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Published in Print: November 9, 2005, as More Focus on Reading Fluency Needed, Study Suggests

More Focus on Reading Fluency Needed, Study Suggests

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A new examination of national assessment data suggests that students need more practice building reading fluency and more explicit instruction in comprehension strategies.

Students who can read text passages aloud accurately and fluently at an appropriate pace are more likely to understand what they are reading, both silently and orally, says the study of 4th graders who took the 2002 National Assessment of Educational Progress in reading.

Some 40 percent of the students included in the study had trouble with some aspect of an oral-reading task, however. The findings, released last month, show that while few of the students displayed difficulty in reading words accurately, many needed more instruction in advanced reading skills that enhance comprehension.

Called the 2002 NAEP Oral Reading Study, the research commissioned by the assessment’s governing board found that more than half the 4th graders were able to reach high levels on three measures: accuracy, rate, and fluency. Although large proportions of students could read accurately and quickly, fewer, or 61 percent, were judged fluent. Fluency is defined as “an effortless, smooth, and coherent oral production of a given passage … in terms of phrasing, adherence to the author’s syntax, and expressiveness.”

The findings correlate closely with the results of the 2005 NAEP reading test, on which 64 percent of 4th graders demonstrated at least “basic” skills. ("NAEP Gains Are Elusive in Key Areas," Oct. 26, 2005.)

The results are also similar to the oral-reading study conducted as part of the national assessment in 1992, although they are not directly comparable because different passages were used.

Short Shrift?

On the latest oral test, which was given to a 1,700-student subsample of the 140,000 4th graders who took the written test in 2002, the youngsters were asked to read aloud a relatively simple passage. They were first allowed two practice readings, then assessed for time and accuracy on the third reading.

“The key finding obviously is that a large number of kids would benefit from fluency instruction,” said Timothy Shanahan, the director of the Center for Literacy at the University of Illinois at Chicago.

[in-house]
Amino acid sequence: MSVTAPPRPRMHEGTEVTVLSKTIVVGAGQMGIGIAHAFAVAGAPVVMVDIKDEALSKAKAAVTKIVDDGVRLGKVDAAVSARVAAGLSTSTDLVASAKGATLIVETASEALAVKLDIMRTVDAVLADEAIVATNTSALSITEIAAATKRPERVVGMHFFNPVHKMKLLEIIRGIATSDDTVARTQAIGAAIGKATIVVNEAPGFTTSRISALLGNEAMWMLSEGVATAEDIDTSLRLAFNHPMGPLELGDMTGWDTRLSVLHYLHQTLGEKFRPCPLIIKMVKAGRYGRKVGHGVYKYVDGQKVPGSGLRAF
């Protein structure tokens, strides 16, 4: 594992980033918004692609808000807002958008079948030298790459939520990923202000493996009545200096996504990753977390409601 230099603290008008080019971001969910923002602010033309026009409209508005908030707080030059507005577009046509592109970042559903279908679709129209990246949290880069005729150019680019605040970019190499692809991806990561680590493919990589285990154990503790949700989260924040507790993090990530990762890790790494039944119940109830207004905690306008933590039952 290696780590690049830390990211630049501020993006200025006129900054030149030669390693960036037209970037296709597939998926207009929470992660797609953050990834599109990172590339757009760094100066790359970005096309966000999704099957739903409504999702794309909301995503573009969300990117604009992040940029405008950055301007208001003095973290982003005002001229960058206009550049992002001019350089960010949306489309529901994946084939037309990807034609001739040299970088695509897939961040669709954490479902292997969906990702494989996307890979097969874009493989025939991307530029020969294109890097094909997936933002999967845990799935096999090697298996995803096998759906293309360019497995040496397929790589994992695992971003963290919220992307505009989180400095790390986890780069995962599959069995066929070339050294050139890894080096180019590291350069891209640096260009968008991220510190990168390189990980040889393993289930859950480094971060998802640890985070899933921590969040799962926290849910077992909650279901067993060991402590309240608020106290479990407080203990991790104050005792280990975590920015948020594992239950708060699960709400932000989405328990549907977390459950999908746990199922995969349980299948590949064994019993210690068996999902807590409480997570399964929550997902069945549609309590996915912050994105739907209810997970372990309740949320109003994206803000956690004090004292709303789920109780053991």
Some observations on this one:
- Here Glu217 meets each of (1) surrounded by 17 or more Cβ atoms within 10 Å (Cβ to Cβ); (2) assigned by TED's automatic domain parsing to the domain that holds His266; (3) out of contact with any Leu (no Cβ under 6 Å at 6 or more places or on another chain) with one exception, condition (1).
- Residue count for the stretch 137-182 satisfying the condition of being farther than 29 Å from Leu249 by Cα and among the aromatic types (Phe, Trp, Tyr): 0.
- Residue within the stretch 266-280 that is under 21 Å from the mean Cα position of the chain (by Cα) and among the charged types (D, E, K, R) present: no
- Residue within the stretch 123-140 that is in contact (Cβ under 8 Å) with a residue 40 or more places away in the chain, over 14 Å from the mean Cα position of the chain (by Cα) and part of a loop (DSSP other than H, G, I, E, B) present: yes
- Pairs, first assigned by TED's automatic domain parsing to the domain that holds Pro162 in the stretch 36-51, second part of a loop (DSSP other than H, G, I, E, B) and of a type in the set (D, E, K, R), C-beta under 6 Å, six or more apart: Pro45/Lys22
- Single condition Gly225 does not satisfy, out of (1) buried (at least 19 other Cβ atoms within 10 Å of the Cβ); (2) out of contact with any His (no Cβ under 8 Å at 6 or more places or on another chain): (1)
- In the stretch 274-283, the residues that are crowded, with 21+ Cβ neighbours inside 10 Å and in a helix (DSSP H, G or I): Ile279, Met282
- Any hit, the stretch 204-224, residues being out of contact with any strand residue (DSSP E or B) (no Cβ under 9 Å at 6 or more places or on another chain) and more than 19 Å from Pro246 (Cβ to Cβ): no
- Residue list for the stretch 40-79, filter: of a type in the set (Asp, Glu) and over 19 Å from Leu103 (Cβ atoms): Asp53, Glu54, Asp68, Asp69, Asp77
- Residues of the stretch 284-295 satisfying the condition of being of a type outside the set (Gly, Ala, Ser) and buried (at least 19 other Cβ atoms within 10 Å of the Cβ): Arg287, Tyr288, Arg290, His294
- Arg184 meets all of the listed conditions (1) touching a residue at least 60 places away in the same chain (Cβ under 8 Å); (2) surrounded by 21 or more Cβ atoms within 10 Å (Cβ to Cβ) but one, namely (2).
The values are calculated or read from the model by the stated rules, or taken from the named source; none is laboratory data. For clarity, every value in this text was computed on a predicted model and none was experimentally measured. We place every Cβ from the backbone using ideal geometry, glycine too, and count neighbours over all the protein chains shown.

“It’s the simultaneous accomplishment of these three things—getting words right, doing it quickly, and sounding meaningful—and kids clearly have to be doing some interpretation; that’s important for overall comprehension,” said Mr. Shanahan.

For too long, he said, teachers have given fluency instruction short shrift, assuming that once students learn to identify words they naturally become more adept at reading them quickly and accurately.

More than fluency instruction, however, the results point to a need for greater attention to comprehension instruction, said Michael Kamil, a prominent researcher at Stanford University.

“I’m overinterpreting it here, but it says, ‘Look folks, these kids need comprehension instruction. They don’t need a lot of word instruction,’ ” said Mr. Kamil, who has argued that comprehension instruction has suffered in a climate that has primarily encouraged more basic-skills teaching in letter sounds and word-recognition strategies.

Practices Questioned

The findings also show that students’ rate of reading varies on a one-minute reading assessment compared with a lengthier task. Students were not asked to read the story quickly, but they were timed on how long it took them to read the entire passage, as well as how many words they read in the first 60 seconds. On average, students read more quickly in the first minute.

Such data suggest that some current practices, such as a focus on basic skills and the widespread use of a one-minute reading assessment in schools participating in the federal Reading First program, may not be the most effective, according to Richard A. Allington, the president of the International Reading Association.

Mr. Allington, a professor of education at the University of Tennessee in Knoxville, has been critical of the implementation of the $1 billion-a-year federal program authorized under the No Child Left Behind Act and of the intense focus on basic-skills instruction.

“One might wonder then why so much emphasis is being given to decoding in early-literacy programs and in so many reading-intervention plans. Fluency was a bigger problem,” said Mr. Allington.

Vol. 25, Issue 11, Page 11

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